The goal of a discovery session at the outset of any project is to set a foundation that ultimately leads to a path to success. When bringing together a group of stakeholders, it is imperative to make the most of this often-limited time for maximum productivity. How can you assist your client in making this session as productive as possible?
Depending upon the client, they may or may not realize the number of questions they will face. For some, the requirements gathering of this session may feel a little overwhelming, especially if the client is not prepared for the various topics of discussion. In many instances, a heads up to the client for pre-game preparation prior to the discovery session can be incredibly helpful.
As a UX designer who has also spent a good deal of time leading college courses, I understand the importance of setting the tone, expectations, and deliverables early on. Clarity is a must in the classroom. From such clarity comes a certain level of the trust in the classroom experience, which helps illuminate the road ahead and avoid unforeseen incidents along the way.
The same can be said about clarity and client discovery sessions.
Having participated in numerous discovery sessions with clients from various industries, the key is to ensure a clear definition for the vision and objectives of the project. What’s the strategy for this investment? What are the primary, secondary, and tertiary business goals? What are the key performance indicators? Having an initial set of questions prior to the actual session may help serve up the answers to the questions with a bit more ease.
Who is the responsible party on the client side to ensure this initiative stays on track? Who else will be involved in the decision making for this project? Who has final approval when it’s all said and done? In some instances, these decision makers might be three different people, or a single person. A clear understanding of who will be involved is vital to the meeting’s success. Be sure all are included for those initial questions.
Even though this may seem a bit redundant, it’s best to review any information obtained during the scoping phase. New team members will be joining the project and it’s important to cover all the bases to get the full team up to speed during the discovery session.
Clarity is a must in the discovery phase. Consider all the categories of questions to be covered during the session. Topics such as audience, content, branding, third-party integrations, tracking, and analysis will be included in the list of questions (and that’s just to name a few!). The number of topics can be overwhelming if you’re not ready for them. Start with high-level questions which will allow for a deeper dive into the details during the session. Below are a few sample questions you may be faced with from each of the topics listed above.
Let’s start with the users. Who’s the audience? Do we have a primary, secondary, and tertiary target? Why them, specifically? How have they been identified as the appropriate target? How do we envision their experience? Are there thoughts on their journey, or a specific functionality aimed to engage them? By answering these questions, we can validate the best approach for engagement.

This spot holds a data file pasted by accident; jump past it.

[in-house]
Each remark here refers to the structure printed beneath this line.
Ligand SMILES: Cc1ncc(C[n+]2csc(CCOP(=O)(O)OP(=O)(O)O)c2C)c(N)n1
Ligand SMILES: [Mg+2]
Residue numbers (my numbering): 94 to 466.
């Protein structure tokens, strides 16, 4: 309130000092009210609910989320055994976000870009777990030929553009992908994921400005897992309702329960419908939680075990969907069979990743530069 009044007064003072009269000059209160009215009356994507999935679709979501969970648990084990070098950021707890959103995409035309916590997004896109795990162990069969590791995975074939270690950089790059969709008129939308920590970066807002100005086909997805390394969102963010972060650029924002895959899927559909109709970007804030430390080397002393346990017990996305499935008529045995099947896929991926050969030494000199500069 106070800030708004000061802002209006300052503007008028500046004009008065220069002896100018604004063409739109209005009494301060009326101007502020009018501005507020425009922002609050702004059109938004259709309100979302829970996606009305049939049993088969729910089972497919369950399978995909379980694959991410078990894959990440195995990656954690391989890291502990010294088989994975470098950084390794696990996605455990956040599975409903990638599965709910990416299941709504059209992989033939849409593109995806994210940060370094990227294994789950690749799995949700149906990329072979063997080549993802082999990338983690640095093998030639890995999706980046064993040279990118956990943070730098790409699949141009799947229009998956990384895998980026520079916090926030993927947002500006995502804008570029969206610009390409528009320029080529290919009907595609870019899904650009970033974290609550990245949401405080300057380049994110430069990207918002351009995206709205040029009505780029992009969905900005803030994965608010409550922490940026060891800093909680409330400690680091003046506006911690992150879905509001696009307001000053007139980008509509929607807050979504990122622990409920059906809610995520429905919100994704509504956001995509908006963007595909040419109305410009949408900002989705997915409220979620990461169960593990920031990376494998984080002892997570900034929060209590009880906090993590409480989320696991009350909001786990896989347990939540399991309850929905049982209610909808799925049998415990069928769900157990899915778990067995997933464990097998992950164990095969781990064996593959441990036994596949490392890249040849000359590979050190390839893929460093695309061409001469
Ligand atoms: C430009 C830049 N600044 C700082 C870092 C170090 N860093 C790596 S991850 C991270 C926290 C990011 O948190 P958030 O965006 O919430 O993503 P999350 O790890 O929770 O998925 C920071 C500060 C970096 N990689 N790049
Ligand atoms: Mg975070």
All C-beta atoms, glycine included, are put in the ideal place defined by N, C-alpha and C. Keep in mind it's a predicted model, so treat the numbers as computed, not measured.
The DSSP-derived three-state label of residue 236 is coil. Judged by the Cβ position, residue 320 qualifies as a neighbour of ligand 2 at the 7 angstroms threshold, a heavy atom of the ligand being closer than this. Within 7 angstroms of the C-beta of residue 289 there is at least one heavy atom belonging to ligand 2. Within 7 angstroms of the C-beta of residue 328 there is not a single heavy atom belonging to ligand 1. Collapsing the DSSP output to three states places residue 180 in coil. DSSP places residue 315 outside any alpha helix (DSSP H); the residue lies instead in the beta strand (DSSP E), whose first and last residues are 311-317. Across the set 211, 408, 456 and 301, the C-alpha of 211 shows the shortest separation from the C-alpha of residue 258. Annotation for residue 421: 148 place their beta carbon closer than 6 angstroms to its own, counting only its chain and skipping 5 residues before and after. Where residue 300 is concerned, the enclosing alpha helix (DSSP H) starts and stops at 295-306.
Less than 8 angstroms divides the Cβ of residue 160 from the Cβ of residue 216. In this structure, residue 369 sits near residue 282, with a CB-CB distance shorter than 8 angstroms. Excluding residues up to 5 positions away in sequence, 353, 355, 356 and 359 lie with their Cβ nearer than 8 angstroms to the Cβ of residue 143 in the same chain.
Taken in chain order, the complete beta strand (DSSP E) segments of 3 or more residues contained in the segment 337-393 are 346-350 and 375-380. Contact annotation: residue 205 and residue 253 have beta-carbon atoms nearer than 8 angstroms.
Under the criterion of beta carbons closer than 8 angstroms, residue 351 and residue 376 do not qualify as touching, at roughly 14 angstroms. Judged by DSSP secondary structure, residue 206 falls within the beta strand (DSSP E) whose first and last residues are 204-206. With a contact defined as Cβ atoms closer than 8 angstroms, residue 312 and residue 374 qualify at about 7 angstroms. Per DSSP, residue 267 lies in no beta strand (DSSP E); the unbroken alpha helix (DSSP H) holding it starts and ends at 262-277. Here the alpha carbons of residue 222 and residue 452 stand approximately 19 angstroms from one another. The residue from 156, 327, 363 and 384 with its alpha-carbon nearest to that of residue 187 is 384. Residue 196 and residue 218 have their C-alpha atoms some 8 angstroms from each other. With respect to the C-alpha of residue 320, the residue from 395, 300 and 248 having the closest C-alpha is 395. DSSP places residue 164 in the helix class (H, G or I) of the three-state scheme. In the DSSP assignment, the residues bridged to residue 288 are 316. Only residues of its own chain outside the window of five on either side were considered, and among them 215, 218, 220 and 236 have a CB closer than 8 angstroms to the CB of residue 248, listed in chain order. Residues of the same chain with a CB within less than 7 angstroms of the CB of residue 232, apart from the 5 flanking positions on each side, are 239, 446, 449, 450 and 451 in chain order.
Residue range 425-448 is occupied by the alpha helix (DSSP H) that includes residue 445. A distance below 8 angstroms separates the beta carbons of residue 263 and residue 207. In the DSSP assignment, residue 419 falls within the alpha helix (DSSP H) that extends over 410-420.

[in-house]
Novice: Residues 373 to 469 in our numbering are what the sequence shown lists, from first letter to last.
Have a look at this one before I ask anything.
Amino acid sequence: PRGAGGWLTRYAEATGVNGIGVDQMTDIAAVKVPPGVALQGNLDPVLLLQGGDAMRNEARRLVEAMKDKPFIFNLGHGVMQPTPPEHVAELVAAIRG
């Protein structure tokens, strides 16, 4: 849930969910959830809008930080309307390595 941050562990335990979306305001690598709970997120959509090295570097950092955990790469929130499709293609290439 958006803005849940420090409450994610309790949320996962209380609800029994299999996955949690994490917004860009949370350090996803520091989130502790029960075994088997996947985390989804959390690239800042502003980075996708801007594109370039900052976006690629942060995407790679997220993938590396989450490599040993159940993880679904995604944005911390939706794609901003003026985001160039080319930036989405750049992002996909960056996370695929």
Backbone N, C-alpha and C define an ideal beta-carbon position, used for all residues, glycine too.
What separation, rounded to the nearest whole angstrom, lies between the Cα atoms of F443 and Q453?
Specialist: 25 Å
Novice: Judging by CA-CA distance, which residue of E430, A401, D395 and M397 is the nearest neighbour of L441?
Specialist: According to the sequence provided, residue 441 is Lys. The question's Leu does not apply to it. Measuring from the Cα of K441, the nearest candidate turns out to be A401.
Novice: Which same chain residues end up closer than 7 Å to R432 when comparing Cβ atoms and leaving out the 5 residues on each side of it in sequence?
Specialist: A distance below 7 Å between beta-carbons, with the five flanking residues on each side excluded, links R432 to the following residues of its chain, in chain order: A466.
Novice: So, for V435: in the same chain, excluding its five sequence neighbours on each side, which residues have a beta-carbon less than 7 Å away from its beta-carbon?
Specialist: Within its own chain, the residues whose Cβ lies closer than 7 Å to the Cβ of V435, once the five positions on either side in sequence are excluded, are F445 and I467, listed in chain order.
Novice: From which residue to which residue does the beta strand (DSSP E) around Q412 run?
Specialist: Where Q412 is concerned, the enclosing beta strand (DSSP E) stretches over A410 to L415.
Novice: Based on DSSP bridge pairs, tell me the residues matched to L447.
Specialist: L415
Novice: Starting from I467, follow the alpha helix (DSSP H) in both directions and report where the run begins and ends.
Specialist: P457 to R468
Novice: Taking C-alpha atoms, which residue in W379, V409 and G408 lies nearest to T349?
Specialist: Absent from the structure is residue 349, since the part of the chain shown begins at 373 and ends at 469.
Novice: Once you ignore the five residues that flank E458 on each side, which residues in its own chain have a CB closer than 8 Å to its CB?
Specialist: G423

Next up, content. You know the age-old saying “content is king”? Of course, you do. Without content, there would be no project. Aim to share a quick understanding of the content inventory. What stays? What goes? What’s new for launch? What’s in the future state pipeline? Is there any other web property content or functionality to be incorporated? This set of answers will be highly valuable as we develop the content strategy and organizational structure of the project.
What about branding? Do we have a clear brand strategy defined? Are there guidelines for the brand’s look and feel? How could the brand perception influence this project? Is there a specific tone associated with the brand? Are there any brand initiatives that could affect this project? Depending on the client, this could be an important aspect of the strategy and the aim for user engagement.
Keep in mind that the questions above will certainly scratch the surface on the needs of the brand/business, audience, and content. Having an opportunity to review and ponder these questions will inevitably provide more concise insights.
In addition, and sometimes equally important, is what’s happening behind the scenes. Is there a CRM system in place? Is there a need for API integrations? What are the capabilities of the CMS? Are there personalization or localization goals to keep in mind? Are there any current analytics available? What are the goals for tracking analytics in the future? The list of questions could go on and on. The goal here is to reveal a more holistic view of the project and assess any additional needs, either for the business or the user.
Now, with all that said…it is not uncommon to leave a discovery session with unanswered questions. Sometimes, there just isn’t enough time. You may even have more detailed and deeper questions to assess as the project begins to move forward. However, having a well-rounded and inclusive set of questions up front, and an updated set after the discovery session, is always a great idea.
Remember: clarity is a must and the key to a productive discovery session.